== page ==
I know this isn't what you wanted to hear, but it is my most sincere advice.
    TFP Moderator
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    DaninFLA's Avatar
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    Re: Industrial Water System- Any takers?

    agreed Patrick, my first thought reading that post was "uh oh". not to sound rude to the OP, but it sounds like he is a bit over his head on this and doesn't have the expertise yet, and needs to bring in outside help ASAP. In my line of work, you don't guess when it comes to life and safety issues to the public. if your boss doesn't allow the issue to properly correct the issue, that's another issue. we don't have people in north Carolina or I could help you out. need to find a local person and get them there today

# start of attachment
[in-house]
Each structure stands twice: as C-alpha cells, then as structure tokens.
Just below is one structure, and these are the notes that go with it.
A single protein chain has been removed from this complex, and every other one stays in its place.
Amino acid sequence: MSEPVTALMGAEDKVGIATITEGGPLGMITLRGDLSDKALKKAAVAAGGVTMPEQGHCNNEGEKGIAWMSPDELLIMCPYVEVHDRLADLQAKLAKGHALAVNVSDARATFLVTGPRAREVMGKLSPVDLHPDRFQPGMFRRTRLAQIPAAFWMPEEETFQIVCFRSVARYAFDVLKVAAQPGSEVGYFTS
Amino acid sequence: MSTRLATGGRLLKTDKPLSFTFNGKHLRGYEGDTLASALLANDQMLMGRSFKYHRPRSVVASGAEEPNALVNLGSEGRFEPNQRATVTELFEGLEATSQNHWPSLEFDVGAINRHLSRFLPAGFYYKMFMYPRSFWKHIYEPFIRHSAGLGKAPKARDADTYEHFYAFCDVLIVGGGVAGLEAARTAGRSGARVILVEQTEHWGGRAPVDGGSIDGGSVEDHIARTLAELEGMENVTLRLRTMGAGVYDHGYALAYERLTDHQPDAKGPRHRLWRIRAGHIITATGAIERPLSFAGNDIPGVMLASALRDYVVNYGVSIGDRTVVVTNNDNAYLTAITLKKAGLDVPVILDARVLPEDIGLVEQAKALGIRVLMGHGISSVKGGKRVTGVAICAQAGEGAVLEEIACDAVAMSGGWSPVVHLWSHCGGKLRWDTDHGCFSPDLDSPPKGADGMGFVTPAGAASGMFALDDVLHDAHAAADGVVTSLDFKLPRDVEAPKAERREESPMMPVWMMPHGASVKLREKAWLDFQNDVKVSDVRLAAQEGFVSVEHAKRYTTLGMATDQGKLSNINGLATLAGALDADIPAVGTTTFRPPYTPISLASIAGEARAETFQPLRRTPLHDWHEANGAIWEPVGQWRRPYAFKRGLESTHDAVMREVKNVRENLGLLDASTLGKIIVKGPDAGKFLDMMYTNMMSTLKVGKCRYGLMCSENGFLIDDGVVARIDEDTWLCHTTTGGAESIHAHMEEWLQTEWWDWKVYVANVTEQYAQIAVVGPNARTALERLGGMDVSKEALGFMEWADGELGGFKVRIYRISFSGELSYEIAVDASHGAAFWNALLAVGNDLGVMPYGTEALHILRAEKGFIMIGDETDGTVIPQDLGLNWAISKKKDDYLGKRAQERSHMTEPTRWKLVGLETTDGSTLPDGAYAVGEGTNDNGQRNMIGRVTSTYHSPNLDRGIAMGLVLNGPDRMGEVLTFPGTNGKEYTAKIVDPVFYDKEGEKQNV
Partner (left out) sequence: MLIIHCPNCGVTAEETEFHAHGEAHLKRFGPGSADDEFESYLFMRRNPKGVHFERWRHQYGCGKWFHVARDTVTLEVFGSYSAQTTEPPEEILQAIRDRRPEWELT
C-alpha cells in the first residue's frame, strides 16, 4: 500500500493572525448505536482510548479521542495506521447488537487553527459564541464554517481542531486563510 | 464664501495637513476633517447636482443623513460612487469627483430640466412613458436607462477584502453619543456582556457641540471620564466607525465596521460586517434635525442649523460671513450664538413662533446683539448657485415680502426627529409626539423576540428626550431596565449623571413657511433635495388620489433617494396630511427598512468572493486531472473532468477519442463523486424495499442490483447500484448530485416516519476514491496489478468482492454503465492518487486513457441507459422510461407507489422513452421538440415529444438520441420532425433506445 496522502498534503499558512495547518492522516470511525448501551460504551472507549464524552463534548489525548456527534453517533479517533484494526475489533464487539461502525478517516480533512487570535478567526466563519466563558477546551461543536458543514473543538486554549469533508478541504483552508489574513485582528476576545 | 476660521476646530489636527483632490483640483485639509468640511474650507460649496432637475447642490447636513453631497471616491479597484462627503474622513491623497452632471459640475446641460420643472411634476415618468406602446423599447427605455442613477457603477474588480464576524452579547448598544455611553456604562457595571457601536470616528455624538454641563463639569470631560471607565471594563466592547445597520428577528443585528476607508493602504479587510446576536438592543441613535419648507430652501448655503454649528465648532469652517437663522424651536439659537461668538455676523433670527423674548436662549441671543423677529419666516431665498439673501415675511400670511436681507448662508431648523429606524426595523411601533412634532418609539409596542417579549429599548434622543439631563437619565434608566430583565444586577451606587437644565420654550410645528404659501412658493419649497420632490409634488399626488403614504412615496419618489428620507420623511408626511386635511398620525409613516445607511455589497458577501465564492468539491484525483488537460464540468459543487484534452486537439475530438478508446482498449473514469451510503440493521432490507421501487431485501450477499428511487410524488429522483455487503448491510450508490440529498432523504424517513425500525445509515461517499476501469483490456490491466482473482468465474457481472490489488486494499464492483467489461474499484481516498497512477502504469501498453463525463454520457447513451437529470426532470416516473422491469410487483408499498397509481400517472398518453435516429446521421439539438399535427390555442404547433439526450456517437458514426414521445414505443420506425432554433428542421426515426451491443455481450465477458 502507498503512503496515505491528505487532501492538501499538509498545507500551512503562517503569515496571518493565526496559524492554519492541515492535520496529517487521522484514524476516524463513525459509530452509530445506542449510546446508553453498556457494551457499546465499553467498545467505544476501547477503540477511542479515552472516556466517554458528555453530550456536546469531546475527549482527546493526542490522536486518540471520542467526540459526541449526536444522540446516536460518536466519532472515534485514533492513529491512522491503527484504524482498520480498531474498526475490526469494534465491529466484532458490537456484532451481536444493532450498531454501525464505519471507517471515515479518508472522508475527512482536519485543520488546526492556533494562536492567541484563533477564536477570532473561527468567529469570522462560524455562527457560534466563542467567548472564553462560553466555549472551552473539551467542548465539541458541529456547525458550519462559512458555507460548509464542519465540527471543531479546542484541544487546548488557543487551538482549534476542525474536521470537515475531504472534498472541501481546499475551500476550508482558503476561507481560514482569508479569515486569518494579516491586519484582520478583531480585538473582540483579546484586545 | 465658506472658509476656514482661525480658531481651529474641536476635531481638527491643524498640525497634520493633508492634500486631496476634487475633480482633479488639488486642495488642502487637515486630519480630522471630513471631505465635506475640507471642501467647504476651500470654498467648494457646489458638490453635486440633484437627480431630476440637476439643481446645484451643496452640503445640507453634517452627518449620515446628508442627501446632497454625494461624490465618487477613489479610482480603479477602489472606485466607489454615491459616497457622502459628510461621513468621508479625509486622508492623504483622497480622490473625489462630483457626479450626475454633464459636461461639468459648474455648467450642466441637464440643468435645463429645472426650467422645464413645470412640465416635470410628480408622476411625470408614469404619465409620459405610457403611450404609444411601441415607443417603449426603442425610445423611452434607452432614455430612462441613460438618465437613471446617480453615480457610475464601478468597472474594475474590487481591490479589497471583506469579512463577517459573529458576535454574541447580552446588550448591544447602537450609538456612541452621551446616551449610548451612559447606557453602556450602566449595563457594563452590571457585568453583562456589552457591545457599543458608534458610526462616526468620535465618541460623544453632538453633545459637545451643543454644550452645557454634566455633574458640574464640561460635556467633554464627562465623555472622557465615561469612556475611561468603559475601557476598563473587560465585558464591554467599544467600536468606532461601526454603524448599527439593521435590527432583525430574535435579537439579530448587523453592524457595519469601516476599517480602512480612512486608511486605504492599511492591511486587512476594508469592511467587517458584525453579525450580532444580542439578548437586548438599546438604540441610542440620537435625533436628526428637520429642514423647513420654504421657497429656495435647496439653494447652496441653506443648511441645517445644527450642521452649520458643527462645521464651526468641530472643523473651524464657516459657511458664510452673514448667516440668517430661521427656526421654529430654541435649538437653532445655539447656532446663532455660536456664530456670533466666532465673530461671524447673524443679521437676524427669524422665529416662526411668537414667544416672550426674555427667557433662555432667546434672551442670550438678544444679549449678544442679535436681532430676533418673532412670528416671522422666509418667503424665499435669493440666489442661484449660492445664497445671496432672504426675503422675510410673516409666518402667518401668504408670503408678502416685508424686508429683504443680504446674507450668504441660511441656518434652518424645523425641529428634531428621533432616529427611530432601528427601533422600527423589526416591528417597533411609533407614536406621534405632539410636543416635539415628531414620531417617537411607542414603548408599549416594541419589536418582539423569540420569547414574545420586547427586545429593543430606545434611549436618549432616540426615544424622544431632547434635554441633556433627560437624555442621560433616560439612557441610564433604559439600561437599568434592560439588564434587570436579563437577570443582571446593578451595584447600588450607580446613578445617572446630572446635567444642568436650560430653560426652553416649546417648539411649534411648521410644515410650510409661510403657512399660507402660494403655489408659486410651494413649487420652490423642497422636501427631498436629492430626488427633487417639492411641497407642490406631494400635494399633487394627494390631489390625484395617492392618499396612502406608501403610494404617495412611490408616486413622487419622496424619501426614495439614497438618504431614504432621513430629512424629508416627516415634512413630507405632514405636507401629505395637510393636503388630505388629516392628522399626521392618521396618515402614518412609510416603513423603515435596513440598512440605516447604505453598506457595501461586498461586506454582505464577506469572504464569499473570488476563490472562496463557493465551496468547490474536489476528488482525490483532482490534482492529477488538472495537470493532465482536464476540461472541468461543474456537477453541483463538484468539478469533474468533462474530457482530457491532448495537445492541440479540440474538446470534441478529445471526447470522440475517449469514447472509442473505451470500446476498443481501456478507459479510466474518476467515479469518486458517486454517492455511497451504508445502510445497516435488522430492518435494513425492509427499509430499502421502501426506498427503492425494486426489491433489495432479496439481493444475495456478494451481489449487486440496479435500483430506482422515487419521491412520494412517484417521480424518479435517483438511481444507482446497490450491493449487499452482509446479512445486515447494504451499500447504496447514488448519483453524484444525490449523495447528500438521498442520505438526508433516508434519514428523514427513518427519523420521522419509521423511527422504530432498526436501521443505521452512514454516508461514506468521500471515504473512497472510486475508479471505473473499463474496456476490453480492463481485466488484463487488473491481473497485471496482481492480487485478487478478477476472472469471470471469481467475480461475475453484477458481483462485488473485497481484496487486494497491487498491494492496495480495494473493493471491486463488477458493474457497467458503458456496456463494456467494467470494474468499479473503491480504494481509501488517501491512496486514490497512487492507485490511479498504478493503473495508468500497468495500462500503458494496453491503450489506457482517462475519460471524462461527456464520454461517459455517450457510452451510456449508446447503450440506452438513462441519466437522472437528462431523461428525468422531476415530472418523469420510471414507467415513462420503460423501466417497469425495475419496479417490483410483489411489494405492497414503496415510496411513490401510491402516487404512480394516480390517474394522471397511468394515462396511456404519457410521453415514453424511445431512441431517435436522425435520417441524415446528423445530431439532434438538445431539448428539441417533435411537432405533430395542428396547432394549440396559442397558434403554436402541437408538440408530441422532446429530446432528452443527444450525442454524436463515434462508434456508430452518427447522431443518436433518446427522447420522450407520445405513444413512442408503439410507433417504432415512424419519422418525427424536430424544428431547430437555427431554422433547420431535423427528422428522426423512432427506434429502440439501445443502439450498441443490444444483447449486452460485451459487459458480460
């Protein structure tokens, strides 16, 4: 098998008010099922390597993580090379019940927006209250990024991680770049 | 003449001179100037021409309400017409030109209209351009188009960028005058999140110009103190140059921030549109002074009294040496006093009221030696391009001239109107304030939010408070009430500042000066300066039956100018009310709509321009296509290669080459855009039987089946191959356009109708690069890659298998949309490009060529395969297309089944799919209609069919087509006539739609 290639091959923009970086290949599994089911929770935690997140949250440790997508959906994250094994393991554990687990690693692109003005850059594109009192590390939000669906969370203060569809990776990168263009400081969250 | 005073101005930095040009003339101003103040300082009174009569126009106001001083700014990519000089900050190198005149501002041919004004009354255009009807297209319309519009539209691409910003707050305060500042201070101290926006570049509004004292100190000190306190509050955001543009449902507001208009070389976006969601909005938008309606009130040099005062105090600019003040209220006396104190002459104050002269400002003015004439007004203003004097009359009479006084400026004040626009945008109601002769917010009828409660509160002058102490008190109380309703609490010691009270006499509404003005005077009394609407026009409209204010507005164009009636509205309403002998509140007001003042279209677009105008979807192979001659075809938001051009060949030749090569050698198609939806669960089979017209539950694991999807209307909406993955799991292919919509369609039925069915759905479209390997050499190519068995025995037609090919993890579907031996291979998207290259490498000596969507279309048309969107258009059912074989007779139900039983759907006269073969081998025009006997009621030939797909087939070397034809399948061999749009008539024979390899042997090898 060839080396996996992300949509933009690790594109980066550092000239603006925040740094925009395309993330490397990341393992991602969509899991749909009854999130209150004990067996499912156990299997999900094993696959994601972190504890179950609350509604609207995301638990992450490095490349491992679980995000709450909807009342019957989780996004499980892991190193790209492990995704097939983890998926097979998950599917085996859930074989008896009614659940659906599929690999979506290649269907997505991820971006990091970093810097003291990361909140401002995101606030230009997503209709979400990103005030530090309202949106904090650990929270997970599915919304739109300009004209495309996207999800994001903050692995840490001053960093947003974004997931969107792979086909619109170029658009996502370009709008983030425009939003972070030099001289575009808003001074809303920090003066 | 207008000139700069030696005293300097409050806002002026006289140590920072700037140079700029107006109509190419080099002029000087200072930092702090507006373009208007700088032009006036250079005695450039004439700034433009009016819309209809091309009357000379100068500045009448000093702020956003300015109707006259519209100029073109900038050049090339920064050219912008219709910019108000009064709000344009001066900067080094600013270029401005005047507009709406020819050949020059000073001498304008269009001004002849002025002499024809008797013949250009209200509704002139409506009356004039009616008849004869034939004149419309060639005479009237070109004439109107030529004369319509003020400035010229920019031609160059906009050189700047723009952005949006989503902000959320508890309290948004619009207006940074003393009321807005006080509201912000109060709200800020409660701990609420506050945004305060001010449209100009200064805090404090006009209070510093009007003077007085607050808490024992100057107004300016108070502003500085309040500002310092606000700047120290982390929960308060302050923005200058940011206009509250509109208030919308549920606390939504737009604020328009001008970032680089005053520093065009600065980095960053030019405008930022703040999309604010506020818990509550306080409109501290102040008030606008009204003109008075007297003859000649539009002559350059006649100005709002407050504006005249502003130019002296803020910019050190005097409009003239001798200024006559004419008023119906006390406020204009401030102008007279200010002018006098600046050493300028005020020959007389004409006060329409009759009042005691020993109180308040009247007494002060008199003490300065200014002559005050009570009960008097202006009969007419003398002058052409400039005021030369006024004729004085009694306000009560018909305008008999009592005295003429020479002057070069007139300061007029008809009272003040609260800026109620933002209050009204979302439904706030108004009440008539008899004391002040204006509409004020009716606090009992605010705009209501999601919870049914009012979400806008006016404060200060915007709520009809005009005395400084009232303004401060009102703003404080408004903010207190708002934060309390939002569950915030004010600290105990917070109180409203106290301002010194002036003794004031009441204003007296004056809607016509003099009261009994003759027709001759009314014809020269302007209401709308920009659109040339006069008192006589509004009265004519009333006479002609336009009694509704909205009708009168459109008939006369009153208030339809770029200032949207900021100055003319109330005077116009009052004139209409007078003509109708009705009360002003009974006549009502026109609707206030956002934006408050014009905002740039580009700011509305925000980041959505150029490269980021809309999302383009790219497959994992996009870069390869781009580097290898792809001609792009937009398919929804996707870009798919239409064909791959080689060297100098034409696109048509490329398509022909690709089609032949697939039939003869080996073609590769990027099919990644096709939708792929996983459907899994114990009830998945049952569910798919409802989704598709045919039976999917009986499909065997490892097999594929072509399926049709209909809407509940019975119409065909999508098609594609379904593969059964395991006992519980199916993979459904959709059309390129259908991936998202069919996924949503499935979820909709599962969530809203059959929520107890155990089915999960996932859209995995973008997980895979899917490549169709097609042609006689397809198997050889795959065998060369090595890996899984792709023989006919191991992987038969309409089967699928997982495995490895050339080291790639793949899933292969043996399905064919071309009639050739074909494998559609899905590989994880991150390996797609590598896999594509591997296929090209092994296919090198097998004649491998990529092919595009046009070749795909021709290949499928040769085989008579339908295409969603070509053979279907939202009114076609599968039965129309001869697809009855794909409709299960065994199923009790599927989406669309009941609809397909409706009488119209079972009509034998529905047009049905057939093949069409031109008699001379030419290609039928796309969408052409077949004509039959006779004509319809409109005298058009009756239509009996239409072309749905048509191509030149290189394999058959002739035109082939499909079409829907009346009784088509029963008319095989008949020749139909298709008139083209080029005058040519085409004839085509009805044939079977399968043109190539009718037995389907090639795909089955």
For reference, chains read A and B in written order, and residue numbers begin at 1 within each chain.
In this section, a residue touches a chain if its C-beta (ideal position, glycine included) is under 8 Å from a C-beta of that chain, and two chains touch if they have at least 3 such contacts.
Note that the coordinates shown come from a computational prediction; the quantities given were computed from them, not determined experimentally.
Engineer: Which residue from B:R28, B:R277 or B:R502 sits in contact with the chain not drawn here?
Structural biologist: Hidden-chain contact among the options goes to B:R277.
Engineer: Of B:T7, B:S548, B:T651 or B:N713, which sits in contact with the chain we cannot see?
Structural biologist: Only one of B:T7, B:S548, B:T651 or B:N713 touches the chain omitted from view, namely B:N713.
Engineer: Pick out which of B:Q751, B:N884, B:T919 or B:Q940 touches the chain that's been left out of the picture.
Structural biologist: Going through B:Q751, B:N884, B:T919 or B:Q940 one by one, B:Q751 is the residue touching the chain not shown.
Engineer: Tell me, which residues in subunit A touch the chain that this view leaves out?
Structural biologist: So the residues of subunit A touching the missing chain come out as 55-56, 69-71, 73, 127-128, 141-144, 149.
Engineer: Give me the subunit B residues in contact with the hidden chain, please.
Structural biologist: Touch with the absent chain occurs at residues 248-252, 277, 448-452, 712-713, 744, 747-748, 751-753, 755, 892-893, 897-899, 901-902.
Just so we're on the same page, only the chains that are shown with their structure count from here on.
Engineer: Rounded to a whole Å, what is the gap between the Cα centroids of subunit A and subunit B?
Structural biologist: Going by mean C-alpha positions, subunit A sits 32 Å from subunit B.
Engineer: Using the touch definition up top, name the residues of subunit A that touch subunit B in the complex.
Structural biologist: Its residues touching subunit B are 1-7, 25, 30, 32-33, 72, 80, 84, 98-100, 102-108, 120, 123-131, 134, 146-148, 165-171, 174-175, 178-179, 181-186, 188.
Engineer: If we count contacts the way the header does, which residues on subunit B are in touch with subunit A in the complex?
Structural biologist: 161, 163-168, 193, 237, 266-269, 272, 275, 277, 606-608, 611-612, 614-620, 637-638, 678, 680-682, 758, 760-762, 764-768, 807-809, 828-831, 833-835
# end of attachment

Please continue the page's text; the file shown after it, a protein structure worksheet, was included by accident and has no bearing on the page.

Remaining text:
Dan
    9,000 gallon in-ground Saltwater pool, plaster, cartridge filer, 1.0 hp pump, Hayward T-15 SWCG, TF-100
    Pool School - Chlorine / CYA Chart; Pool School - Test Kits Compared;

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    Re: Industrial Water System- Any takers?

    Patrick, I cannot express how much I appreciate you bringing this information to light. It is not what I wanted to hear, but it is exactly what has been in my mind since I the first time I saw the water. The last thing we want is anyone to be hurt because lack of maintenance so I will be having a sit down with the bosses tomorrow morning (I just got home or it would have been today).